Code mixing is a common phenomena in multilingual societies where people switch from one language to another for various reasons. Recent advances in public communication over different social media sites have led to an increase in the frequency of code-mixed usage in written language. In this paper, we present the Generative Morphemes with Attention (GenMA) Model sentiment analysis system contributed to SemEval 2020 Task 9 SentiMix. The system aims to predict the sentiments of the given English-Hindi code-mixed tweets without using word-level language tags instead inferring this automatically using a morphological model. The system is based on a novel deep neural network (DNN) architecture, which has outperformed the baseline F1-score on the test data-set as well as the validation data-set. Our results can be found under the user name “koustava” on the “Sentimix Hindi English” page.
Automatic Language Identification (LI) or Dialect Identification (DI) of short texts of closely related languages or dialects, is one of the primary steps in many natural language processing pipelines. Language identification is considered a solved task in many cases; however, in the case of very closely related languages, or in an unsupervised scenario (where the languages are not known in advance), performance is still poor. In this paper, we propose the Unsupervised Deep Language and Dialect Identification (UDLDI) method, which can simultaneously learn sentence embeddings and cluster assignments from short texts. The UDLDI model understands the sentence constructions of languages by applying attention to character relations which helps to optimize the clustering of languages. We have performed our experiments on three short-text datasets for different language families, each consisting of closely related languages or dialects, with very minimal training sets. Our experimental evaluations on these datasets have shown significant improvement over state-of-the-art unsupervised methods and our model has outperformed state-of-the-art LI and DI systems in supervised settings.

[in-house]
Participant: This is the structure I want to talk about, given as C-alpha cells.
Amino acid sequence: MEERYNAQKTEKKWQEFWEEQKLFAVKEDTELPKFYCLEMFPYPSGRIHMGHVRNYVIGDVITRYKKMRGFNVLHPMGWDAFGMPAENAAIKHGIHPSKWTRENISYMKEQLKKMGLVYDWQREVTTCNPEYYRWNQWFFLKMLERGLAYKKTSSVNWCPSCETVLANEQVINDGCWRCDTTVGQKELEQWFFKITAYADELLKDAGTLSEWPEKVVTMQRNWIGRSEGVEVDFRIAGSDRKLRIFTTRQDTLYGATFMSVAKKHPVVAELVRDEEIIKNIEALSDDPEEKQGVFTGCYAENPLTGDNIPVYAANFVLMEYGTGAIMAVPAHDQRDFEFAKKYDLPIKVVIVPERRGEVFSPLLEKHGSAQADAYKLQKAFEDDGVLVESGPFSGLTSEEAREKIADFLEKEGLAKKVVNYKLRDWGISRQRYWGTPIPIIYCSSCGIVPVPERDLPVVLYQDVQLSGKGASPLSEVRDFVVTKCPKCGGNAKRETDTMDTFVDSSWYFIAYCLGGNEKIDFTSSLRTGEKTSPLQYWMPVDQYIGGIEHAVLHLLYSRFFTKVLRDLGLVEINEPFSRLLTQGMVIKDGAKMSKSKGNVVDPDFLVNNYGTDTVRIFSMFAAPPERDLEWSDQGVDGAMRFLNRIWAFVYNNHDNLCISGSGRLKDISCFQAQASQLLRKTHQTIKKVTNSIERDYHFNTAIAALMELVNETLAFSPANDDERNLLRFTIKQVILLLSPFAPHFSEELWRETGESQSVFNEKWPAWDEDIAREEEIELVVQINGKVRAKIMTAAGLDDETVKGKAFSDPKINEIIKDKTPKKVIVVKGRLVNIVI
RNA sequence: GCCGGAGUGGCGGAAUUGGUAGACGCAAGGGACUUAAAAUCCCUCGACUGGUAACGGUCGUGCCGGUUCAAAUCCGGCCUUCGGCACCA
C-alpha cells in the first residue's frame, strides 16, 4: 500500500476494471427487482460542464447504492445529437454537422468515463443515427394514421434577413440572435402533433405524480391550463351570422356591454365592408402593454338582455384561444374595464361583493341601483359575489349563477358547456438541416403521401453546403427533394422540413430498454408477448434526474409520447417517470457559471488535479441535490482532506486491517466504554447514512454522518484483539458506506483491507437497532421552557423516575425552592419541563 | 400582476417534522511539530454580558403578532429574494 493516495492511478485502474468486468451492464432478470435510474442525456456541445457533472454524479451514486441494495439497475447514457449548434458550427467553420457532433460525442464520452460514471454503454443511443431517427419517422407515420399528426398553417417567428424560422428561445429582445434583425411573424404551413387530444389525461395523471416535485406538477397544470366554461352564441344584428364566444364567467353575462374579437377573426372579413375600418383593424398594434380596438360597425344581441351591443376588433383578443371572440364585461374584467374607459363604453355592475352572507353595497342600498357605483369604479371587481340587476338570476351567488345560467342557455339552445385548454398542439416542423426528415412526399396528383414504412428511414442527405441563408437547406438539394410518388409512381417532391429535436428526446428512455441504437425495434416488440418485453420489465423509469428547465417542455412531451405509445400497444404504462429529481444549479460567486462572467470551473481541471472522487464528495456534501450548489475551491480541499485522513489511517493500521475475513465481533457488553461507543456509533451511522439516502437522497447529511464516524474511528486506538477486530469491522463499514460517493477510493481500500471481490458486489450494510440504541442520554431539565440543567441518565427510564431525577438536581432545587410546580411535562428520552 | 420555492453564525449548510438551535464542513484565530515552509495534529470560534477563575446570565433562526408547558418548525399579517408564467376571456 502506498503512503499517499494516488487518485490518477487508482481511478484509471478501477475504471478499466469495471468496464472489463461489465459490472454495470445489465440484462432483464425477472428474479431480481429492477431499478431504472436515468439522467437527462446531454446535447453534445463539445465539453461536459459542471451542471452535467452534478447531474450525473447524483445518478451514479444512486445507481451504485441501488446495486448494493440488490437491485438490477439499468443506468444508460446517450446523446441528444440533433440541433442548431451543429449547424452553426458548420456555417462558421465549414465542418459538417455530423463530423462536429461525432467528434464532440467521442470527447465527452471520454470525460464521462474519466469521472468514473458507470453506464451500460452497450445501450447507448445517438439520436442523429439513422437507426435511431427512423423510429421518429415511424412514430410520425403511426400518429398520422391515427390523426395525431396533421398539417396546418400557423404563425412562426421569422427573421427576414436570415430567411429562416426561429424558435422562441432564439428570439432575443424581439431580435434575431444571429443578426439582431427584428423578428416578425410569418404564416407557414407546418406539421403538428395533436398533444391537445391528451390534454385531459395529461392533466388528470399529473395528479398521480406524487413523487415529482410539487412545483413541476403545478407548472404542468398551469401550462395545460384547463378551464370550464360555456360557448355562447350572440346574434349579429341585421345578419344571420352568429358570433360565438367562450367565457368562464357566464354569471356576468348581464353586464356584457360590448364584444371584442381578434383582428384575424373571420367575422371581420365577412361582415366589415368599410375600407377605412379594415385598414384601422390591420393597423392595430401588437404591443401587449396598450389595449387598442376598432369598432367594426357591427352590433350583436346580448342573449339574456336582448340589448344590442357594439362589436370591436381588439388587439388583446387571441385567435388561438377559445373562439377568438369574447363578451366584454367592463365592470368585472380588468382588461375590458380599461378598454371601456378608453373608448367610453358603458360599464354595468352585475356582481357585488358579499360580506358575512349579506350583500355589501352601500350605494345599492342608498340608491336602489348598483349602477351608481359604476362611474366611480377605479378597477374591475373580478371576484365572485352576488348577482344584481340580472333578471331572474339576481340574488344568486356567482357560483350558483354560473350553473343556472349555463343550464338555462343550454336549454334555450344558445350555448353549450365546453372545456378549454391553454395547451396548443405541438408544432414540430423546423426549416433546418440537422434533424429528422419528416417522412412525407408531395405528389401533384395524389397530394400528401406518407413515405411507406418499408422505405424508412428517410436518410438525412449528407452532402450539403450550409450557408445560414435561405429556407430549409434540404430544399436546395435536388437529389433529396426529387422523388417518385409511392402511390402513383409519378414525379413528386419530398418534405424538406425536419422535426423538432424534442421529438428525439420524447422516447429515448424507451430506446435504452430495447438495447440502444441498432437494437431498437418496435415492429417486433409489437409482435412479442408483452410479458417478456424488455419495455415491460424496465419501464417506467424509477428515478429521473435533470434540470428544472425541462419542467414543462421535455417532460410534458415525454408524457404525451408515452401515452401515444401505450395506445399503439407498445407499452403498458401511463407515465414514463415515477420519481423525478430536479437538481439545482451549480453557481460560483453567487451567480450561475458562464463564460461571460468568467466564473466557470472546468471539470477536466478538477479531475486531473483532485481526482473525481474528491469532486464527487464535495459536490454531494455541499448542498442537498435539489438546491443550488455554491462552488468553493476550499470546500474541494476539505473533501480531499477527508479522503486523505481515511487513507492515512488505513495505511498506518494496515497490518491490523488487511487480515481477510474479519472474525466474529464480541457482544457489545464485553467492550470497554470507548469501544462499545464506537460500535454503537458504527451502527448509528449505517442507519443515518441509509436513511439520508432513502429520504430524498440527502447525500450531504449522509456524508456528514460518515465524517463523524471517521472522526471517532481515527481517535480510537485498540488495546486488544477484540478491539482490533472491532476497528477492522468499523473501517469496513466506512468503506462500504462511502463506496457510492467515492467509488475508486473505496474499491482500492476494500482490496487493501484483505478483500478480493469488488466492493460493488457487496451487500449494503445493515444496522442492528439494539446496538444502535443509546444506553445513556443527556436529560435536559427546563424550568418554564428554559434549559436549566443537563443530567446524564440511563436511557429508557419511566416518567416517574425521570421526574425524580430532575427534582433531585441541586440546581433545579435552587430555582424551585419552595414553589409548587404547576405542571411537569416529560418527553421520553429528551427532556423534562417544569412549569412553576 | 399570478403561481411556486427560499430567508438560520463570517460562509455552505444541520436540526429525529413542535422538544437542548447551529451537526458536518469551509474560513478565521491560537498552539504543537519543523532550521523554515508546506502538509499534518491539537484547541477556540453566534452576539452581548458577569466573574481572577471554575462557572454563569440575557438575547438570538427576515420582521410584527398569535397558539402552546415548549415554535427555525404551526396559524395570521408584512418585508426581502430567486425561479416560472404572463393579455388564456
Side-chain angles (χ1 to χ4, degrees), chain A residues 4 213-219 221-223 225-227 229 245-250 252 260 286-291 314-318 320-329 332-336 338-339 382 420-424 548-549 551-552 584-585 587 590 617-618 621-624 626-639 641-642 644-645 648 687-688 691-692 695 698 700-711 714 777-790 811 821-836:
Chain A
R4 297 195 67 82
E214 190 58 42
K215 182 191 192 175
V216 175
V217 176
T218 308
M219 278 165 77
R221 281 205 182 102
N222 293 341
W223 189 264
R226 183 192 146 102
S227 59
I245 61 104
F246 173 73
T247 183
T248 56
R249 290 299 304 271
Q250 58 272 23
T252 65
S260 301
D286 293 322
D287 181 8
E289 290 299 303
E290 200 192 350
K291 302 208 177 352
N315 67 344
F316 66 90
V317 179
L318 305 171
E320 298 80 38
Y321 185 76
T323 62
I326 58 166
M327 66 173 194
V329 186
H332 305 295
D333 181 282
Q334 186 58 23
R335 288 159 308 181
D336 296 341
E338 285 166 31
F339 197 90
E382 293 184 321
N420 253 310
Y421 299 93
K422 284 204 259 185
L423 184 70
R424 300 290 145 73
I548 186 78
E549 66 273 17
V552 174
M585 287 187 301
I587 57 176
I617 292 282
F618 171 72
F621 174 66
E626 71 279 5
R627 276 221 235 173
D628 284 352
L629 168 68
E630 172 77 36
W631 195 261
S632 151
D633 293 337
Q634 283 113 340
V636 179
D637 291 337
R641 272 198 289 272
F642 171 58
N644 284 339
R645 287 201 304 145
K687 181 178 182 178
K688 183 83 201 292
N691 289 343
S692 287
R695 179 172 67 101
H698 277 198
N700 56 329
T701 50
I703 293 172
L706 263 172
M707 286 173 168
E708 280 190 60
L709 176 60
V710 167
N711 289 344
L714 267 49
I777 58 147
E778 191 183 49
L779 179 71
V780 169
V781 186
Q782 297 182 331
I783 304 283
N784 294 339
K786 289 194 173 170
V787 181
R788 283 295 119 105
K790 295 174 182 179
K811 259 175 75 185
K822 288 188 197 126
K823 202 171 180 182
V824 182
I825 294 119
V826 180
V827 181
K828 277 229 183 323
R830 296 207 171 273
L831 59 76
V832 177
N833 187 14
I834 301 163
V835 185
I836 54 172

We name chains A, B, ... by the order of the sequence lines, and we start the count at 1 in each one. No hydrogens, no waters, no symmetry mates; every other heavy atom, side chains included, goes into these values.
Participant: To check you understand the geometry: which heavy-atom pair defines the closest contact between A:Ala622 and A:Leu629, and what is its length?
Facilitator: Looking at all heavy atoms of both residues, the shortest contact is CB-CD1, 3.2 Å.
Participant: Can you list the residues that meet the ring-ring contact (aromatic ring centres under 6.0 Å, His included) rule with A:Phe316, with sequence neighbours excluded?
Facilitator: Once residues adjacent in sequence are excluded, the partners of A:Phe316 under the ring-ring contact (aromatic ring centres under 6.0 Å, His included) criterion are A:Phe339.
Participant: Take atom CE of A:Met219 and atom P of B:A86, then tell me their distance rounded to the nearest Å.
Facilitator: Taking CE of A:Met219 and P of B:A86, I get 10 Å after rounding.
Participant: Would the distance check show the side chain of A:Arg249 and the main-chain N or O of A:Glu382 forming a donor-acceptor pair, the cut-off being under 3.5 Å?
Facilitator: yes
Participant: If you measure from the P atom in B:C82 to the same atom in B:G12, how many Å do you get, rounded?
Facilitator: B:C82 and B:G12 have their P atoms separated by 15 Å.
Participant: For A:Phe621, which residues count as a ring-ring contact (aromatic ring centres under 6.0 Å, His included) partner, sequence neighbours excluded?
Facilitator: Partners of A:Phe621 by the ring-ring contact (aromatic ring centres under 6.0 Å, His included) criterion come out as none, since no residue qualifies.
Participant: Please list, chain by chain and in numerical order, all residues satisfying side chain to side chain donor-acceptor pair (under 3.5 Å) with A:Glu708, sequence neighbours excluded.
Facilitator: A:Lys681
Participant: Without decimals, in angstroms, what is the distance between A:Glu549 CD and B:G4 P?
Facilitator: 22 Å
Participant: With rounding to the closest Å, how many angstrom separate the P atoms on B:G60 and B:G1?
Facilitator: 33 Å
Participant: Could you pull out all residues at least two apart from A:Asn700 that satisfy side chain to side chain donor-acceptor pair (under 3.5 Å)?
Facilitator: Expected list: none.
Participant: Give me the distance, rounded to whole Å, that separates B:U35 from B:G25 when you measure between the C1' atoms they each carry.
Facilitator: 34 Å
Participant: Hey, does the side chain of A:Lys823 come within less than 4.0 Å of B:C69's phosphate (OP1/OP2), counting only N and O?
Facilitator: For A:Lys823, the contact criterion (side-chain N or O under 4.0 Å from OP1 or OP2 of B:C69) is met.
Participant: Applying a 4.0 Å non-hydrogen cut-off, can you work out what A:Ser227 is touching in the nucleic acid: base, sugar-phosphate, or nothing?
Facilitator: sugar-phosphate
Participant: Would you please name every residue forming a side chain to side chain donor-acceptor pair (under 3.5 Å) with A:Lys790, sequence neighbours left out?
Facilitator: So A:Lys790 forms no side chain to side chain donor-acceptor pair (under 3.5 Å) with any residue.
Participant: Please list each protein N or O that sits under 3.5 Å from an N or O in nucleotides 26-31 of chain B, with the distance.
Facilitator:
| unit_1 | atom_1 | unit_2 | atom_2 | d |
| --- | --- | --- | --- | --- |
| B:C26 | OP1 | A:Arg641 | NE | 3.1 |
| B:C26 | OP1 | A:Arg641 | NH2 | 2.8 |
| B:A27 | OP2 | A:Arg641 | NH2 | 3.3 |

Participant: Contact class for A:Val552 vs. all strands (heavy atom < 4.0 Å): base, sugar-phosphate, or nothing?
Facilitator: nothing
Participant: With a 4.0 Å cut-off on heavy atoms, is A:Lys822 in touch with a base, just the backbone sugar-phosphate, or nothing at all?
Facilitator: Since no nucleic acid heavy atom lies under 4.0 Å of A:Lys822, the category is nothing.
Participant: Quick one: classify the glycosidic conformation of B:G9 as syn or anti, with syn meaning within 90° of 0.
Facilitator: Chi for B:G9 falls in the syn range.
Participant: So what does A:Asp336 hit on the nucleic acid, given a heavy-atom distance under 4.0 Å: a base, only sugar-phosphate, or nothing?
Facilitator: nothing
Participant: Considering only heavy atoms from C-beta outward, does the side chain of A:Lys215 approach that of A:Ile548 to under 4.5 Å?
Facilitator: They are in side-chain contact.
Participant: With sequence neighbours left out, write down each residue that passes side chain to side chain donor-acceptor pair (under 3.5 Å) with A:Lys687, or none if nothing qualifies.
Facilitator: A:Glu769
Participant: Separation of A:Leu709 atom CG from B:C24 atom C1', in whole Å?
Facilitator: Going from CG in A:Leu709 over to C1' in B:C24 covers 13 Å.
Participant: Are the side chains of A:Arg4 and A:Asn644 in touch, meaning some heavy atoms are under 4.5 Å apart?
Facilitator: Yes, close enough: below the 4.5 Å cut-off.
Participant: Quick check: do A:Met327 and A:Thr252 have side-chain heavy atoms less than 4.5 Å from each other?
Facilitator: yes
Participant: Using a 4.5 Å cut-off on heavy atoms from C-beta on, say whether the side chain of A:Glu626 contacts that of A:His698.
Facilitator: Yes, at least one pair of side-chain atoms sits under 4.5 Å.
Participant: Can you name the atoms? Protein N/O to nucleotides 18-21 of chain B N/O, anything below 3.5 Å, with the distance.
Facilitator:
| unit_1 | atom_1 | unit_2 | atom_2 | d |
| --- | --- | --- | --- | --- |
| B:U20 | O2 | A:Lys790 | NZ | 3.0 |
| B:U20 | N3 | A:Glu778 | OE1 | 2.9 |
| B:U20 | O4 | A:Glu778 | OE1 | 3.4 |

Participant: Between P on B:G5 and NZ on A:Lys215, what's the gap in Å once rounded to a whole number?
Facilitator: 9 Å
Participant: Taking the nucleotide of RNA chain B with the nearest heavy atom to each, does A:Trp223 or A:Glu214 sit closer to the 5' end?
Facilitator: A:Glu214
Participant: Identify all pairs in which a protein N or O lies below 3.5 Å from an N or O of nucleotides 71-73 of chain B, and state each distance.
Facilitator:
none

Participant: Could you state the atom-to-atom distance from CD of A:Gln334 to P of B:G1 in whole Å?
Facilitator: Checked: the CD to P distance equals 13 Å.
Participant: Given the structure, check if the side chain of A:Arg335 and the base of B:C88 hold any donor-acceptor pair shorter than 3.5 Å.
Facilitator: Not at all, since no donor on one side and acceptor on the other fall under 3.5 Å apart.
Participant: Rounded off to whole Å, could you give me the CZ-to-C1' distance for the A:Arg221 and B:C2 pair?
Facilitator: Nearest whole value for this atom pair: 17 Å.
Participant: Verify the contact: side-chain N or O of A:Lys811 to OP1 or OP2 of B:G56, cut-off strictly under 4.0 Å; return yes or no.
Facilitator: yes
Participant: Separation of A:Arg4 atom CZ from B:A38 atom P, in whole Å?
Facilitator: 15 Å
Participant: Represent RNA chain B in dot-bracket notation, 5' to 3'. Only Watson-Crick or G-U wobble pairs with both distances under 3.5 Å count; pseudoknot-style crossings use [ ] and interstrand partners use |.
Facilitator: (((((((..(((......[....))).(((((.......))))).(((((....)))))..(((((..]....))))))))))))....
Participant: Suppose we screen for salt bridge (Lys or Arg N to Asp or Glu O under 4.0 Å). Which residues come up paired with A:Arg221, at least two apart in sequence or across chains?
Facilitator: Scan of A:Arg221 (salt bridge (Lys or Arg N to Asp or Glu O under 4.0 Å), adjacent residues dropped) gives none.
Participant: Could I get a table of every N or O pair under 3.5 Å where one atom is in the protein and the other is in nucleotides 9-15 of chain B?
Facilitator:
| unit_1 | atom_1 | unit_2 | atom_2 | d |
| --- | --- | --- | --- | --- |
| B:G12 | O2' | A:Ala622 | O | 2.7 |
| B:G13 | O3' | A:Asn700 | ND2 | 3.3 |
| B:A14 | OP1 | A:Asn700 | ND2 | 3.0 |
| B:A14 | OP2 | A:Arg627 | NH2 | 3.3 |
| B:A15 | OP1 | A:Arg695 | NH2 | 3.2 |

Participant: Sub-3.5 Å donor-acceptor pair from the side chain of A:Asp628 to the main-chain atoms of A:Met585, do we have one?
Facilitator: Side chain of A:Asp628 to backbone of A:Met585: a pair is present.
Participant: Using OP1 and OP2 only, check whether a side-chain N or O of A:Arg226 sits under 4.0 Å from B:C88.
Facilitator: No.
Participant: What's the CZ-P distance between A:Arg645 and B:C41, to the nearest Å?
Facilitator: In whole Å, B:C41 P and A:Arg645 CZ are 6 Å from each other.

Conversational recommender systems focus on the task of suggesting products to users based on the conversation flow. Recently, the use of external knowledge in the form of knowledge graphs has shown to improve the performance in recommendation and dialogue systems. Information from knowledge graphs aids in enriching those systems by providing additional information such as closely related products and textual descriptions of the items. However, knowledge graphs are incomplete since they do not contain all factual information present on the web. Furthermore, when working on a specific domain, knowledge graphs in its entirety contribute towards extraneous information and noise. In this work, we study several subgraph construction methods and compare their performance across the recommendation task. We incorporate pre-trained embeddings from the subgraphs along with positional embeddings in our models. Extensive experiments show that our method has a relative improvement of at least 5.62% compared to the state-of-the-art on multiple metrics on the recommendation task.
Hate speech detection in social media communication has become one of the primary concerns to avoid conflicts and curb undesired activities. In an environment where multilingual speakers switch among multiple languages, hate speech detection becomes a challenging task using methods that are designed for monolingual corpora. In our work, we attempt to analyze, detect and provide a comparative study of hate speech in a code-mixed social media text. We also provide a Hindi-English code-mixed data set consisting of Facebook and Twitter posts and comments. Our experiments show that deep learning models trained on this code-mixed corpus perform better.